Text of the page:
In terms of triggers, you’re right that absolutely anything could, in theory, trigger someone. I am not advocating making blanket warning statements before all art or presentations “just in case” someone is triggered by a cupcake (mmmm….cupcakes….) but in this situation, a topic of murder and sexual assault can be reasonably expected to trigger members of the audience. Remember that many women and not a few men have been sexually assaulted (statistically 1 in 6 women). Or may have known someone who was. I think that a warning that the film contained shlock horror and scenes of sexual violence would have been appropriate. I think that we agree on that.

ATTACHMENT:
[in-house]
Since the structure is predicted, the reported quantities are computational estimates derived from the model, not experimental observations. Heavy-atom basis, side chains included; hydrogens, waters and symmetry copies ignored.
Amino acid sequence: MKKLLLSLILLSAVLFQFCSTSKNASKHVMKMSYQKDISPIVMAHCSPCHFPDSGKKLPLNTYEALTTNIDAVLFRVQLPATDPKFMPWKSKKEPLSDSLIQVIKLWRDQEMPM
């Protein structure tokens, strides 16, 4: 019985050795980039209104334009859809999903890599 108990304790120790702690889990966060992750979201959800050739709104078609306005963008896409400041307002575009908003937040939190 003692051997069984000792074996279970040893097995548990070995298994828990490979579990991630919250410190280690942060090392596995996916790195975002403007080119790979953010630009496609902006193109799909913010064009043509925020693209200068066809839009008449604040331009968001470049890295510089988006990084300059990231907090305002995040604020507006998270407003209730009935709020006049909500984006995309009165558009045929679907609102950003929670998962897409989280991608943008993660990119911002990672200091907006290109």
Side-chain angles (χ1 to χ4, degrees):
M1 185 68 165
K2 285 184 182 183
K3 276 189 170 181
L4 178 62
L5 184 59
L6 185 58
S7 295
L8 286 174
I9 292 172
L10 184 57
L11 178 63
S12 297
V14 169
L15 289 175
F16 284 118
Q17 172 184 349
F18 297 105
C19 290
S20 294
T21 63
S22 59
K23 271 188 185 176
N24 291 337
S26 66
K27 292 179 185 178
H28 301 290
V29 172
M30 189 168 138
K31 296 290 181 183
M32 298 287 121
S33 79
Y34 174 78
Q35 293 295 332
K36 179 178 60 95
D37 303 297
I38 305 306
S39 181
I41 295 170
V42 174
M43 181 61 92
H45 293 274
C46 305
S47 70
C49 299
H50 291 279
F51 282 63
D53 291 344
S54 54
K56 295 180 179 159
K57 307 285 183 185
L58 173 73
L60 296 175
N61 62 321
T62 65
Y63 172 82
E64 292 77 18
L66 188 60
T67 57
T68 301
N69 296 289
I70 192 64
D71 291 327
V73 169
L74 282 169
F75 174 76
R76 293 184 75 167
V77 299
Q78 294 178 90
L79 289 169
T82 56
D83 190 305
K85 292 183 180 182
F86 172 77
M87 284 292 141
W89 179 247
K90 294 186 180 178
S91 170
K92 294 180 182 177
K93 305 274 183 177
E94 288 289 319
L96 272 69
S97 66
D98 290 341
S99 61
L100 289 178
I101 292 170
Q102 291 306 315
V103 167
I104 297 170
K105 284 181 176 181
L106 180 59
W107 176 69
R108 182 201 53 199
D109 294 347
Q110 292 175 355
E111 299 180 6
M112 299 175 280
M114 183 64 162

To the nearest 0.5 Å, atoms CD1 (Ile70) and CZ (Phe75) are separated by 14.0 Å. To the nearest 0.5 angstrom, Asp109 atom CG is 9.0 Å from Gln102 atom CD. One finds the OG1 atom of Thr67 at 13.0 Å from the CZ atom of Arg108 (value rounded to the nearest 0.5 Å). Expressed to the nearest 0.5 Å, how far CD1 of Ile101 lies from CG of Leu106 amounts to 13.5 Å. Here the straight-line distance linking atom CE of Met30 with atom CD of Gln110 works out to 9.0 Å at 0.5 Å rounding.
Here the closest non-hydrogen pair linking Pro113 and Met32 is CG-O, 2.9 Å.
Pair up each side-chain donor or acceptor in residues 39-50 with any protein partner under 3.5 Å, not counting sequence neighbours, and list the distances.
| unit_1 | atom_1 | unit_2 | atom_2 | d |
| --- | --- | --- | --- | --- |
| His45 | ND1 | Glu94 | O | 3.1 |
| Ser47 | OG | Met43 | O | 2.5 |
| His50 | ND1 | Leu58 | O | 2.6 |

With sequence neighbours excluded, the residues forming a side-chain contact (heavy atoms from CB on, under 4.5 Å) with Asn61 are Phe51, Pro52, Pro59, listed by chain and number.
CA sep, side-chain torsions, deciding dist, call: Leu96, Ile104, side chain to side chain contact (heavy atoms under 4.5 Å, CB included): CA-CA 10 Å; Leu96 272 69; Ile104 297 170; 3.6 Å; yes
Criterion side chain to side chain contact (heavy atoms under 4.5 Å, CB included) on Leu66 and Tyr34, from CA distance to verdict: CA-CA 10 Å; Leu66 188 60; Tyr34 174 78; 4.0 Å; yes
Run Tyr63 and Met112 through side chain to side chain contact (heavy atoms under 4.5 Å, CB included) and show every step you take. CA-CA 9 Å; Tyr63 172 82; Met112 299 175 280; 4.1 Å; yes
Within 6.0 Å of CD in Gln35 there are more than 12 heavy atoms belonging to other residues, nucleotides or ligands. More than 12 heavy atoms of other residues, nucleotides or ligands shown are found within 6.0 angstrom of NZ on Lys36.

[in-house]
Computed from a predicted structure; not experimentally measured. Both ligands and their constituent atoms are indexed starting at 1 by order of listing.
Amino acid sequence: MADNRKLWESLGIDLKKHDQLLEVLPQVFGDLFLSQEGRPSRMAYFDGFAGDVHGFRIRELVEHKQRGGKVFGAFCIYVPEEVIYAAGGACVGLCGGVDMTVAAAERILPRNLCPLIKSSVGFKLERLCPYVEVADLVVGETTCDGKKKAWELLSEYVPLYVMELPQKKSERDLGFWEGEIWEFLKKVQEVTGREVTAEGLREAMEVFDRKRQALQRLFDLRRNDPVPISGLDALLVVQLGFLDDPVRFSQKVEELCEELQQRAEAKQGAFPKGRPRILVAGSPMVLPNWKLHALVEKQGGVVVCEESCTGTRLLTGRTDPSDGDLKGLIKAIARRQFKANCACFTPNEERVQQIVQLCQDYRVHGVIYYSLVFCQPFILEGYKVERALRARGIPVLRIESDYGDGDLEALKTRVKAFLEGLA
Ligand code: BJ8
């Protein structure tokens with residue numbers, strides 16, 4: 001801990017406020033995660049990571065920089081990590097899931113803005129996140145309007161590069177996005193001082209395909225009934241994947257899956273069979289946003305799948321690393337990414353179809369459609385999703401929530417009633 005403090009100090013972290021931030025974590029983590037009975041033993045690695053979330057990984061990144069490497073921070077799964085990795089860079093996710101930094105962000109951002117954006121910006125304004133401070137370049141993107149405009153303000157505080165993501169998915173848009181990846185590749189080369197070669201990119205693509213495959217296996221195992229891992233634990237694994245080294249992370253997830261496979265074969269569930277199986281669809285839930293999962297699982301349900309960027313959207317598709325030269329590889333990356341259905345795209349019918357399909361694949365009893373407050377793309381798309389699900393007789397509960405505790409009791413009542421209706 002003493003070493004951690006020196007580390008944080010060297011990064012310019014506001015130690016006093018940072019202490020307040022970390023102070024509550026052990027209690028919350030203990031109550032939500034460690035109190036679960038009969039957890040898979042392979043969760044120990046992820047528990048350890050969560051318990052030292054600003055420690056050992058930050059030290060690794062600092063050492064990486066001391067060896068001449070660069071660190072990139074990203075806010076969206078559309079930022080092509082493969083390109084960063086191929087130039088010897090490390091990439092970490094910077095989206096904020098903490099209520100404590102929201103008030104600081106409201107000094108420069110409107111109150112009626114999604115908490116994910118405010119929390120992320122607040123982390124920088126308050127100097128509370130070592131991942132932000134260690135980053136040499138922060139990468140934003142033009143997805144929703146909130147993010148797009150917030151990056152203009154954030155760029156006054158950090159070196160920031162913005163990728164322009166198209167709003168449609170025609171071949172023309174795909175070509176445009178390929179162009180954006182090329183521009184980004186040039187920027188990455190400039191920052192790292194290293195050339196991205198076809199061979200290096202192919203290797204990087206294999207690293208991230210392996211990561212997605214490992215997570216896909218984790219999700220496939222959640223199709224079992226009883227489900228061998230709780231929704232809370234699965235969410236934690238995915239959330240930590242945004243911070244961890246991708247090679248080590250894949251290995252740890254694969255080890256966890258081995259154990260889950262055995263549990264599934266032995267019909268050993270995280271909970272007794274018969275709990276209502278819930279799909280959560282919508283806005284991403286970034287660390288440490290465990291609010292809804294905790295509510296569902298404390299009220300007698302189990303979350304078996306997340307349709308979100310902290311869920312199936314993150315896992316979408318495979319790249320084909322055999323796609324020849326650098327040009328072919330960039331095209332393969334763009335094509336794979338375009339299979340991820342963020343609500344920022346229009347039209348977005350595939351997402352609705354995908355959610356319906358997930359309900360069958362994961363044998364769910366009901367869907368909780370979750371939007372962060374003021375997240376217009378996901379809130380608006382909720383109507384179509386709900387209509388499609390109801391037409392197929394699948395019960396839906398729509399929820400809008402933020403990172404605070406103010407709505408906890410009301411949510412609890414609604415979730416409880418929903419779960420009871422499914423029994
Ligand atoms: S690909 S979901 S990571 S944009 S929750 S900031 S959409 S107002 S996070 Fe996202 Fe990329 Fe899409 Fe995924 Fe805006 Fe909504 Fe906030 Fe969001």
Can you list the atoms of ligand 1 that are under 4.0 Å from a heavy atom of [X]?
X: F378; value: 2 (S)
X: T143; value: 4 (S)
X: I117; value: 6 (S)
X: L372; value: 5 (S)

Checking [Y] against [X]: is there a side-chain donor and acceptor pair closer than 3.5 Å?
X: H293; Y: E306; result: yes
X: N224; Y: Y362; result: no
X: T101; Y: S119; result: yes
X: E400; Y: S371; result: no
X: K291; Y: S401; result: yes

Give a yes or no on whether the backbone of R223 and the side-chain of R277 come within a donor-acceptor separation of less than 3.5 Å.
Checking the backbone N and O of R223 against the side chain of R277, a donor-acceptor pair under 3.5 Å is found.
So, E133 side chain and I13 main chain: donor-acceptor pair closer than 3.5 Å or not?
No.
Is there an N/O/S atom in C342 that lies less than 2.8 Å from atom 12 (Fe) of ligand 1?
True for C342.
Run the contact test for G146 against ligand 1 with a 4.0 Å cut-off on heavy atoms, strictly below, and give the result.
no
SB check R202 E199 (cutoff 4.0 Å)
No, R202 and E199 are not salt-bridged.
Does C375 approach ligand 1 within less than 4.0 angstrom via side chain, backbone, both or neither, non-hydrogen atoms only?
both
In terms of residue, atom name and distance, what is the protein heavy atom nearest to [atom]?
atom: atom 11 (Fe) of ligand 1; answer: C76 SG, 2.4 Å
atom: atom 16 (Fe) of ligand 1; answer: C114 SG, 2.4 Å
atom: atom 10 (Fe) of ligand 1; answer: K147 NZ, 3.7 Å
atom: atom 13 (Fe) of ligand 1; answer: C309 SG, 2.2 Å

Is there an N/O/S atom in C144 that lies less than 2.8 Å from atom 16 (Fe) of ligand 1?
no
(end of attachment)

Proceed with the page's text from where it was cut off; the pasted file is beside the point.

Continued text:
Thanks for reading the blog and taking time out to comment, it is appreciated.

      • Oh, I’m not arguing that there shouldn’t have been a warning – not of sexual assault though, as there wasn’t any in the film! Our serial killer was kind of vanilla, no James Patterson-style shenanigans ;-)
        Everyone has agreed there should have been a warning, the only mistake was that no one thought about it beforehand. Seems obvious now the horse has bolted… Lessons learned!

  3. Dan Ladds says:

    Firstly, thanks for the link, even if you disagree – I respect your right to do so.

    I do however feel that ‘“who the hell thinks porn and nudity and females being killed is shocking or offensive anymore?”’ is a slightly blunt interpretation of my argument. My points were primarily:

    – The film was no more distressing than regular evening television.

    To which your main counterpoint was:

    “seem to miss the point of triggers which can affect people’s mental health, cause flashbacks in people with PTSD”